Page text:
Thursday, September 23, 2010

Counting Bases Helps Assess Buying Risk

How are your base-counting chops?
Do you recognize when a stock resets its base count? Do you know how many bases a winning stock racks up before it tends to run out of steam? If not, here's a review.
Leading stocks normally form and break out of more than one base in the course of an advance. Keeping track of these bases is important because it helps gauge how much fuel a stock still has in its tank.
Initial bases can form after an IPO, after a market correction or after some sort of turnaround in the company's fortunes.
It's important to remember that bases formed below $10, or those which occur before a company's earnings show appreciable gains, don't count as initial bases.
There are a number of different types of bases. But all have a few common needs. One is for an advance of at least 30% prior to the start of a base pattern. Second-stage or later bases require a 20% advance leading to the left side of the structure.
Advances before first-stage bases can start from the bottom of the prior correction. For second- and later-stage bases, measure the uptrend from the prior base's buy point.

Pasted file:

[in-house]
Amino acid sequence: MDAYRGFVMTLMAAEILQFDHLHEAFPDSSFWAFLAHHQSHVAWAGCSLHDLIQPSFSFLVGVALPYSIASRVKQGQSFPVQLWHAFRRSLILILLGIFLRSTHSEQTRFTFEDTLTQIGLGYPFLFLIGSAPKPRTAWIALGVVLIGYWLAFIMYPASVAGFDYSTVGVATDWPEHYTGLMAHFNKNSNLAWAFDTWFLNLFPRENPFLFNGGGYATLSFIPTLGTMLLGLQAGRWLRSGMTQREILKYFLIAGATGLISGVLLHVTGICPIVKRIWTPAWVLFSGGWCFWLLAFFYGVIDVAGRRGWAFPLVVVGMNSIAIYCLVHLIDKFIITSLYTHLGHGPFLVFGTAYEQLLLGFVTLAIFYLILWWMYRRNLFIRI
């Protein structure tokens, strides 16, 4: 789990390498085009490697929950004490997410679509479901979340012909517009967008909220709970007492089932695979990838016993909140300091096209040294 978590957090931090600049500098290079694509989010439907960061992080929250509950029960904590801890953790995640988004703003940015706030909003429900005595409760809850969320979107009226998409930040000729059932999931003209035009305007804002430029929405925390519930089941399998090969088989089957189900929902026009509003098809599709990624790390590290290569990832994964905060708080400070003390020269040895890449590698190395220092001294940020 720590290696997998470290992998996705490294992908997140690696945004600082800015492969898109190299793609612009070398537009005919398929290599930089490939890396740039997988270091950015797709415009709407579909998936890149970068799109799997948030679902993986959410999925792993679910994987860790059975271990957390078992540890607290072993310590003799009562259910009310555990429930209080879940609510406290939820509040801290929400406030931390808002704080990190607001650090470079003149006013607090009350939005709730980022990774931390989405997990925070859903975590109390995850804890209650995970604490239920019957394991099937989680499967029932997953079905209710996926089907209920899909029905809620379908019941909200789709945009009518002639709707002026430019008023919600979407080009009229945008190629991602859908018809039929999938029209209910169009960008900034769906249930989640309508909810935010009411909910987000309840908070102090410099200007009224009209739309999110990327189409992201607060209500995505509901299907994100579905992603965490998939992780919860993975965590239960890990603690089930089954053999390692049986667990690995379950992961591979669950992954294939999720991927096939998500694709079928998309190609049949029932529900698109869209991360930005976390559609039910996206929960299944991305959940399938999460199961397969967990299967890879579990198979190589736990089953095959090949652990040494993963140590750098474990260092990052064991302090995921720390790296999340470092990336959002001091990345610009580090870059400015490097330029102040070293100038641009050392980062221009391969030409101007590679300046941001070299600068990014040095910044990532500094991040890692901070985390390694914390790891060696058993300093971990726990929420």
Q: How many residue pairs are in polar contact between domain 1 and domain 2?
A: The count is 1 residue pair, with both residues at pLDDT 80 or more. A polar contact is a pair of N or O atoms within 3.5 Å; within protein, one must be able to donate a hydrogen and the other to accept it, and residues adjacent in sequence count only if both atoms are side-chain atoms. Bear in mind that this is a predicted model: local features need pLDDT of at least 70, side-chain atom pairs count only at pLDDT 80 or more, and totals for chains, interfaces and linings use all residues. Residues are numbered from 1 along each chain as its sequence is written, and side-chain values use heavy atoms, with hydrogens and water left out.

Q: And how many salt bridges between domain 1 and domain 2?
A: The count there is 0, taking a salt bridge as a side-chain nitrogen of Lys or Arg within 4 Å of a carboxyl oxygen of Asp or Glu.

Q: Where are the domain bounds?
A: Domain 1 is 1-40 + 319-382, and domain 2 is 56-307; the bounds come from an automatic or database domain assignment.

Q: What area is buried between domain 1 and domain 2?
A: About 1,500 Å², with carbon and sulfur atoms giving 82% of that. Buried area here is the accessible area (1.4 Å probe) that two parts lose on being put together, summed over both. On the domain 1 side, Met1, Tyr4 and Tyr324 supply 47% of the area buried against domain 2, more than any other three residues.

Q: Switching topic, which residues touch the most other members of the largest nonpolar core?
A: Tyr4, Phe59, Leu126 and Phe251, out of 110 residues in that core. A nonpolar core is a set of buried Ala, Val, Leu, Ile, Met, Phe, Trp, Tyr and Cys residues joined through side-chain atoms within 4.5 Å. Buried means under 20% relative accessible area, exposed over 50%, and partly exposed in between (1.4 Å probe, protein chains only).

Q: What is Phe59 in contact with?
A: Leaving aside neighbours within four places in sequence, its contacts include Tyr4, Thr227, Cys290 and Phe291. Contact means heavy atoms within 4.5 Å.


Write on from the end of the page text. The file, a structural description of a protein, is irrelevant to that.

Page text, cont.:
Leaders often generate follow-up or add-on buy opportunities as they move between bases. These might include three-weeks-tight patterns or pullbacks to their 10-week moving averages. These don't affect your measure of a base-to-base advance.
Sometimes stocks don't log a 20% climb between bases. In this case, the paired consolidations are considered a base-on-base pattern. These count as a single stage in your base count.
If and when a stock reaches a third-stage base, it is typically starting to run out of steam. IBD research shows the success rate for breakouts from third-stage bases is around 67%. The failure rate climbs to 80% for fourth-stage bases.
Stocks sometimes plateau after their third- or fourth-stage base levels. They can also turn down and slide into steep, long-term declines.
On rare occasions, a stock will correct back to below the level of the prior base's low point, then turn and recover. When these undercuts occur, the correction resets the stock's base count. That signals the stock may be primed for another raft of gains. The next time the stock shapes a viable base and buy point, it reverts back to stage one. Be sure that the company still has excellent fundamentals. (PCLN) has provided base counters with several valuable lessons in its recent run.

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